|A wee dusting of Christmas snow.|
As I mentioned in my previous post, I hosted a Christmas dinner/day for my friends. I knew that having a big, heavy, sweet pudding would probably be a waste as there would be lots of food, drinks and treats anyway. I opted instead for a Guglehupf. It's basically a cakey bread that has to be baked in a ring mould/bundt tin. I was flicking through my Food of Germany book, and this recipe was in the Christmas section for the section on Bavaria. It's made with yeast so that's where it gets some of its flavour from. I loaded in more sultanas than the recipe suggested and was going to add saffron - but forgot. Next time! Again, a very easy recipe - I just threw everything in at once and it turned out great! The dough is very wet, so it would be good if you had a dough scraper to aid the kneading process. It's nice and light, so perfect for a snack when you don't fancy a cloyingly sweet treat from the Quality Street tin.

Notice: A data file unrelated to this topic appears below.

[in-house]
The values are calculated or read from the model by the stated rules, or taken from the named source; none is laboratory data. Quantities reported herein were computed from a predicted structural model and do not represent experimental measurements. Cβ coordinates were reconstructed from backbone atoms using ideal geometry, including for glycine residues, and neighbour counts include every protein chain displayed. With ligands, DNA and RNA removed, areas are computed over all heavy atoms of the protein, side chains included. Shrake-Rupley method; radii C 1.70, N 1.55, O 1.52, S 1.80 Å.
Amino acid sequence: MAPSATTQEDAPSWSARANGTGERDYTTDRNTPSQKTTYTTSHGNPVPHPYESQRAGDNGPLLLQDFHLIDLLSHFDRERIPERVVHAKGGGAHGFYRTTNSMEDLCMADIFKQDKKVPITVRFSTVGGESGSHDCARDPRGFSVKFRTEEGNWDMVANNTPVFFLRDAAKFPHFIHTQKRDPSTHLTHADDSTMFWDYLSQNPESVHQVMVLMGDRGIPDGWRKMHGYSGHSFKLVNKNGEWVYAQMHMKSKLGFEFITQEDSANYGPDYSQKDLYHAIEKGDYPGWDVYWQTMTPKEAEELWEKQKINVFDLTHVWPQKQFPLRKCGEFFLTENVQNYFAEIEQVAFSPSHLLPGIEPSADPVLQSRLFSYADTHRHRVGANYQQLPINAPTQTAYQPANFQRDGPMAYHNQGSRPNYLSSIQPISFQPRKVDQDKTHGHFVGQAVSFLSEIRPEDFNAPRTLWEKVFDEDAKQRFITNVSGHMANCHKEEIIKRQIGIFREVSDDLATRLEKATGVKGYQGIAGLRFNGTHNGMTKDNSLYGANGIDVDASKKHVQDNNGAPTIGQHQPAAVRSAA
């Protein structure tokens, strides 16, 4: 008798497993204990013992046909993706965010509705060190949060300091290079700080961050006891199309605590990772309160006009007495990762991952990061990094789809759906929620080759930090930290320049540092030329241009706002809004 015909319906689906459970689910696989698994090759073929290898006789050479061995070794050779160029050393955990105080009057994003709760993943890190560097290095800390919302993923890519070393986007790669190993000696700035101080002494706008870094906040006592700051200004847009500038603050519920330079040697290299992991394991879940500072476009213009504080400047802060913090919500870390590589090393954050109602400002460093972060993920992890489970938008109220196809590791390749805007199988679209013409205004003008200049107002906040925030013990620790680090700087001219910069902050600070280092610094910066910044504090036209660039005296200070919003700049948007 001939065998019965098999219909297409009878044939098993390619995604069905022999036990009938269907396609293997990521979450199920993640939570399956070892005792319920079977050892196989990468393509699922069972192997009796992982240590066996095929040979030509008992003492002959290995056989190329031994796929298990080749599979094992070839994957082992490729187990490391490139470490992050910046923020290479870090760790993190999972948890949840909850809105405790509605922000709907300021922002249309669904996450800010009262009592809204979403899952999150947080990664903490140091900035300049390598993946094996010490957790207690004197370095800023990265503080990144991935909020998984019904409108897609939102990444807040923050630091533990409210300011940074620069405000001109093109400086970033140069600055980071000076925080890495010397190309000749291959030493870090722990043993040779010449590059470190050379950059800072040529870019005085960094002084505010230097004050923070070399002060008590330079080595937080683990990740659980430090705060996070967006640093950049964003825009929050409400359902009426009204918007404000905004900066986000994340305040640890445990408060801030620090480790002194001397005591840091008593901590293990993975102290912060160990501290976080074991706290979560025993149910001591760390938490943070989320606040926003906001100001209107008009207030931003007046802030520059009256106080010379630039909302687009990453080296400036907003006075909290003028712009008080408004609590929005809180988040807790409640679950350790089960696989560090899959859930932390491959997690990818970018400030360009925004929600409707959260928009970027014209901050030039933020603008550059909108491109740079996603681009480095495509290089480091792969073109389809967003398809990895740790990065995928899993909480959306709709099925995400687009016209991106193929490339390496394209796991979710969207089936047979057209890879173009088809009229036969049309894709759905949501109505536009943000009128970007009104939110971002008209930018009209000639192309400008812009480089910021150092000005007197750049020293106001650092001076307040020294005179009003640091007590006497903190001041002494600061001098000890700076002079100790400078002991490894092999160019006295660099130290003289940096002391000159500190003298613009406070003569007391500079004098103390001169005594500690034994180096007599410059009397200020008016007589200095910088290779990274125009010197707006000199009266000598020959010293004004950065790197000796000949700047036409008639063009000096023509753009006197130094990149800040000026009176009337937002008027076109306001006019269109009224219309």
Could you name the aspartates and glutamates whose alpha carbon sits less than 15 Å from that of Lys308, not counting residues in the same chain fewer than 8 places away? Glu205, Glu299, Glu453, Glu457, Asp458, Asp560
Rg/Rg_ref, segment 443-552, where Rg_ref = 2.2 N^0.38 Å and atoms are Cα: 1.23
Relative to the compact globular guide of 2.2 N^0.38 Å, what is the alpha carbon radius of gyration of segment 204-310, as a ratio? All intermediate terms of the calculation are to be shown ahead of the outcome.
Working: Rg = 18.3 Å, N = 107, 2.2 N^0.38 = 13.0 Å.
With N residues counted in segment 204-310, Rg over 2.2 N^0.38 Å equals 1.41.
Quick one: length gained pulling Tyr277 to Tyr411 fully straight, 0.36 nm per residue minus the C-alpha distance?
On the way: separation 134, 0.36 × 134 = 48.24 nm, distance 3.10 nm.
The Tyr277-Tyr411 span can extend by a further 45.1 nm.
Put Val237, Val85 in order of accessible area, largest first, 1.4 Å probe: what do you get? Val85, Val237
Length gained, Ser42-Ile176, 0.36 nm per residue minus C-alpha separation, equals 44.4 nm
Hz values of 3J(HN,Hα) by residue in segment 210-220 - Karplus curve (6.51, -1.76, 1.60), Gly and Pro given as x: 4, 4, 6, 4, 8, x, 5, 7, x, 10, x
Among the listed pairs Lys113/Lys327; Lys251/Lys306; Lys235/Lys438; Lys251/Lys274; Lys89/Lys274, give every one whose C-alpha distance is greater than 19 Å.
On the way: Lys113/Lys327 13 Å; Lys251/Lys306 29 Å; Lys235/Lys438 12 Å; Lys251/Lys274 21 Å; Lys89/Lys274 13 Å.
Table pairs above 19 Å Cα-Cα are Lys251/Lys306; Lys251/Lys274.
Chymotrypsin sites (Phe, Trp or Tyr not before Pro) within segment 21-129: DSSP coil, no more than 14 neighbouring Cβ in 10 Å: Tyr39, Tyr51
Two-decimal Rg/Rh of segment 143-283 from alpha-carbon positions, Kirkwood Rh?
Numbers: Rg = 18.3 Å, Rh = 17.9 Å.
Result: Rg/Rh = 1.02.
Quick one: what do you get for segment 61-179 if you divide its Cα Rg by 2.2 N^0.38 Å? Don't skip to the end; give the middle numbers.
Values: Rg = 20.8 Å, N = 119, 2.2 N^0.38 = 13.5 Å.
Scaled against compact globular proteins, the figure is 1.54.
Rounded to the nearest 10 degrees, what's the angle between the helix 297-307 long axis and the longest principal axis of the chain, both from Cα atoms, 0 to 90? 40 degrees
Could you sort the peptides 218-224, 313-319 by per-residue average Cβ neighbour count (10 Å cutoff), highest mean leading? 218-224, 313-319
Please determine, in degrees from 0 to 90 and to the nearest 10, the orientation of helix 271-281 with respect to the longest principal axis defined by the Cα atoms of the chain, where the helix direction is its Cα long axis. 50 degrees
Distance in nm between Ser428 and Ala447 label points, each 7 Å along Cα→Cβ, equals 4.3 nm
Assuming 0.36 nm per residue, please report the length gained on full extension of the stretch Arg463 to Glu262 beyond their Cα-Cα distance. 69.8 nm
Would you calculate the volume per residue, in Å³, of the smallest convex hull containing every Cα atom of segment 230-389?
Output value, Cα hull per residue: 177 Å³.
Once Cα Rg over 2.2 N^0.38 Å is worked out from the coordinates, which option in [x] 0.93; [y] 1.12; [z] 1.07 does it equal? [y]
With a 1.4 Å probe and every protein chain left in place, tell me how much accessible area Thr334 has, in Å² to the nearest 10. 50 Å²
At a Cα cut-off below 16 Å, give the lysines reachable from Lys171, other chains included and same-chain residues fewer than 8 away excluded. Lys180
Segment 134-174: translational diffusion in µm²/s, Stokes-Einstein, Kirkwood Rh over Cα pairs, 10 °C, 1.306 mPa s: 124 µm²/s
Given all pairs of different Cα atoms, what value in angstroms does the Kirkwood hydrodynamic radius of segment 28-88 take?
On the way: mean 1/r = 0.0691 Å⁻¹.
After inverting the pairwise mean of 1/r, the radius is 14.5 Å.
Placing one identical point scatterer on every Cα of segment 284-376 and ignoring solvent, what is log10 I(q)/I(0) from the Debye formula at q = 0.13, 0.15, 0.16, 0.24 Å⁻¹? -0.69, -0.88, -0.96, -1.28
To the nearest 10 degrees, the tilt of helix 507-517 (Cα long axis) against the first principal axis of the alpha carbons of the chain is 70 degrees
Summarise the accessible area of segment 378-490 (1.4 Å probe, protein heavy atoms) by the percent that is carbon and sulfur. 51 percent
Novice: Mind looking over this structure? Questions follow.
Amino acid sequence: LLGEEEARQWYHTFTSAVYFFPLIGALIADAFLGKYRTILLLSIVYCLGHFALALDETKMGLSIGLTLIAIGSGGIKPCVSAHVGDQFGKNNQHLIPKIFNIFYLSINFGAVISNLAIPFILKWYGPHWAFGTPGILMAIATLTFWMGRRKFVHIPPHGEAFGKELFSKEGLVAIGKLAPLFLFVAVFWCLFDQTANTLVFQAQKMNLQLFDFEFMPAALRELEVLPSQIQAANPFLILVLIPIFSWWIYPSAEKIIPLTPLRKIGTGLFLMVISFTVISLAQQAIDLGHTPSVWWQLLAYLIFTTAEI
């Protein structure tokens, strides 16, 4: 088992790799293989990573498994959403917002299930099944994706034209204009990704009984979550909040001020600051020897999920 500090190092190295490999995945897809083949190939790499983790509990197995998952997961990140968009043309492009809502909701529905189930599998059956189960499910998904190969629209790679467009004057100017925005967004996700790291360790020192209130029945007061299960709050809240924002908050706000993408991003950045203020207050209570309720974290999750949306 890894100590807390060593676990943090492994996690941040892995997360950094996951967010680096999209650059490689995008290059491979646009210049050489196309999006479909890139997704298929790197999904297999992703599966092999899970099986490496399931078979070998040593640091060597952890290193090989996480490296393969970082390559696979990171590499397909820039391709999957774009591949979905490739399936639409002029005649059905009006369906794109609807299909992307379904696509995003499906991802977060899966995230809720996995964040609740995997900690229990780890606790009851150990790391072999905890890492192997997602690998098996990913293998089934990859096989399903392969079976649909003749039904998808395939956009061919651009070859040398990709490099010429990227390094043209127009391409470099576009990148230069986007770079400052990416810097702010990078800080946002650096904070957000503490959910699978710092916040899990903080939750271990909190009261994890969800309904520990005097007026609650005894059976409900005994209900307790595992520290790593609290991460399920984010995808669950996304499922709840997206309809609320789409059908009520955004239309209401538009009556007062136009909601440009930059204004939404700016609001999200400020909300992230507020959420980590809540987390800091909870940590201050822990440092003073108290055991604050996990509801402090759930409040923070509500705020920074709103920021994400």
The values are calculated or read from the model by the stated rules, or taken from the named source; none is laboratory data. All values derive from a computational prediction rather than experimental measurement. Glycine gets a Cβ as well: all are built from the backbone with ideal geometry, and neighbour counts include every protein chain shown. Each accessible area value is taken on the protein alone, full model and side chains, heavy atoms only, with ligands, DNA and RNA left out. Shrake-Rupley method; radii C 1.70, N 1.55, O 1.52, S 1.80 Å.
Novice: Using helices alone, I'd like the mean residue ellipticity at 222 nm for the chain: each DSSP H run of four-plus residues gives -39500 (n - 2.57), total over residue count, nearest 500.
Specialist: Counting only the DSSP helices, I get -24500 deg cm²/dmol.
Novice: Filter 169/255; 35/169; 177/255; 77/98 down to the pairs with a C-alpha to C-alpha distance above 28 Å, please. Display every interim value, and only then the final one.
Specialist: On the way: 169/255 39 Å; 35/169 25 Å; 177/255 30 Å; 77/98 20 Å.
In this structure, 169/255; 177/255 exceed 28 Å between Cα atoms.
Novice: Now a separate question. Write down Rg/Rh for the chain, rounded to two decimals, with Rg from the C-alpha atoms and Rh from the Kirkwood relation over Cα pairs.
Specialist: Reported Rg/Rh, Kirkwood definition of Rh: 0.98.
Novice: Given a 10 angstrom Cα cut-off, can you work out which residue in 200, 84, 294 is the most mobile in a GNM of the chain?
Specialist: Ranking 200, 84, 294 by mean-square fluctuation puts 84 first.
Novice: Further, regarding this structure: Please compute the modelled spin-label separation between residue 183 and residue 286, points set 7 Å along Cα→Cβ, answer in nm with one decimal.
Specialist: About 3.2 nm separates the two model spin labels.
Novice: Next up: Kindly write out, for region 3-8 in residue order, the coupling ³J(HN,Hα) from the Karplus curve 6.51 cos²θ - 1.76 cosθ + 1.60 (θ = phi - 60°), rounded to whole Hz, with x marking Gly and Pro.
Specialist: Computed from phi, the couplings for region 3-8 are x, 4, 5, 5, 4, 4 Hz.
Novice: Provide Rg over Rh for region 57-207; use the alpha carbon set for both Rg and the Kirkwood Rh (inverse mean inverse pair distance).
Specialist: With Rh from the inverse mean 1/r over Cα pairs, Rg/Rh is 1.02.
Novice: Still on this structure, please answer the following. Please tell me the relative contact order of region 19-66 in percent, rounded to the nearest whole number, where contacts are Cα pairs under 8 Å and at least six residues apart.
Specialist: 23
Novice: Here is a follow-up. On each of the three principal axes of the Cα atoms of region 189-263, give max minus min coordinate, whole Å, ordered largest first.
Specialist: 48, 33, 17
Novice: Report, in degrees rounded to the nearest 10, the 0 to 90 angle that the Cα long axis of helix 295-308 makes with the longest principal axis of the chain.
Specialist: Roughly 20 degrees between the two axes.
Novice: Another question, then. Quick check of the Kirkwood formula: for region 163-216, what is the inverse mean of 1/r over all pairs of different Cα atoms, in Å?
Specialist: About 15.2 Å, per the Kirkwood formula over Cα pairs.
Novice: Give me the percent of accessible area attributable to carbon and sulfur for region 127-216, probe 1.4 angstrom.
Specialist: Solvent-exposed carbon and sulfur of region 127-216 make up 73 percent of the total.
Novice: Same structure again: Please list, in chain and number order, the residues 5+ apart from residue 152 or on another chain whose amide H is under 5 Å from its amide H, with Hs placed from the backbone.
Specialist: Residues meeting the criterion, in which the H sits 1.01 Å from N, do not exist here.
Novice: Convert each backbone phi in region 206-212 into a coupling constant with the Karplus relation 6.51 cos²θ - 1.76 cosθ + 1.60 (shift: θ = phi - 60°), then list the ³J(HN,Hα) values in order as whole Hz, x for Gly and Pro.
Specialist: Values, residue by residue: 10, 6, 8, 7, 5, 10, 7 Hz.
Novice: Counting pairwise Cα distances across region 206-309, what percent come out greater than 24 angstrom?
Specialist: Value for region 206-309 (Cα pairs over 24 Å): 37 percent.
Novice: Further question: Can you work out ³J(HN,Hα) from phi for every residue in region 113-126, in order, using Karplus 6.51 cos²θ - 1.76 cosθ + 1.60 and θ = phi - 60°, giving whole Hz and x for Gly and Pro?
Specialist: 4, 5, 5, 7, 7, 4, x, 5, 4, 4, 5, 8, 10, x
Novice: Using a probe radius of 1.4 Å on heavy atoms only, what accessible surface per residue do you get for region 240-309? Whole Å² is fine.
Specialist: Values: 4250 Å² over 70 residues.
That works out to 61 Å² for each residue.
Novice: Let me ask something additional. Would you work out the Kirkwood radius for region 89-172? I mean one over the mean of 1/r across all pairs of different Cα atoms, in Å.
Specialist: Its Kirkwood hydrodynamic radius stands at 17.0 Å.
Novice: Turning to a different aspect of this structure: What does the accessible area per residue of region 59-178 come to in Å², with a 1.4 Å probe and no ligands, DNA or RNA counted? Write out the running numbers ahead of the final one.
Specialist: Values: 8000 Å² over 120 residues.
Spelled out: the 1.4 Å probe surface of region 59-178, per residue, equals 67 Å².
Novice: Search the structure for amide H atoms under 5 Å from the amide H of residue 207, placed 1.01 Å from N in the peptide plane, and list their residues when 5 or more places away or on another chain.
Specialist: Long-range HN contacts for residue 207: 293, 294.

500g plain flour
pinch of salt
7g active dried yeast
250ml lukewarm milk
60g very soft butter, in pieces/lumps
250g sultanas/mixed dried fruit
- sift the flour, sugar and salt in to a warmed bowl. Add the yeast, eggs and the butter and then pour over the warm milk.
- beat with a wooden spoon until properly incorporated. It will be very sticky.
- cover wit clingfilm and a tea towel and leave in a warm spot to double in size.
- once risen and looking a bit spider-web like and spongy when you give the edge a poke and a lift, tip on to a floured work surface and lightly knead. This will be tricky as it's very wet. It's handy if you have a dough scraper handy.
- gradually work in the dried fruit.
- grease a bundt tin with some butter. Make the dough in to a sort of thick sausage shape and rest it in the tin. Leave to rise for another 20 minutes whilst the oven heats up.
- heat the oven to gas mark 5/ 200C. Bake for 30-40 minutes, checking after 30. Test with a knife or skewer.
-Turn out and cool on a wire rack. Dust with icing sugar and enjoy on it's own or slathered in butter.
|it's sort of like German panetone|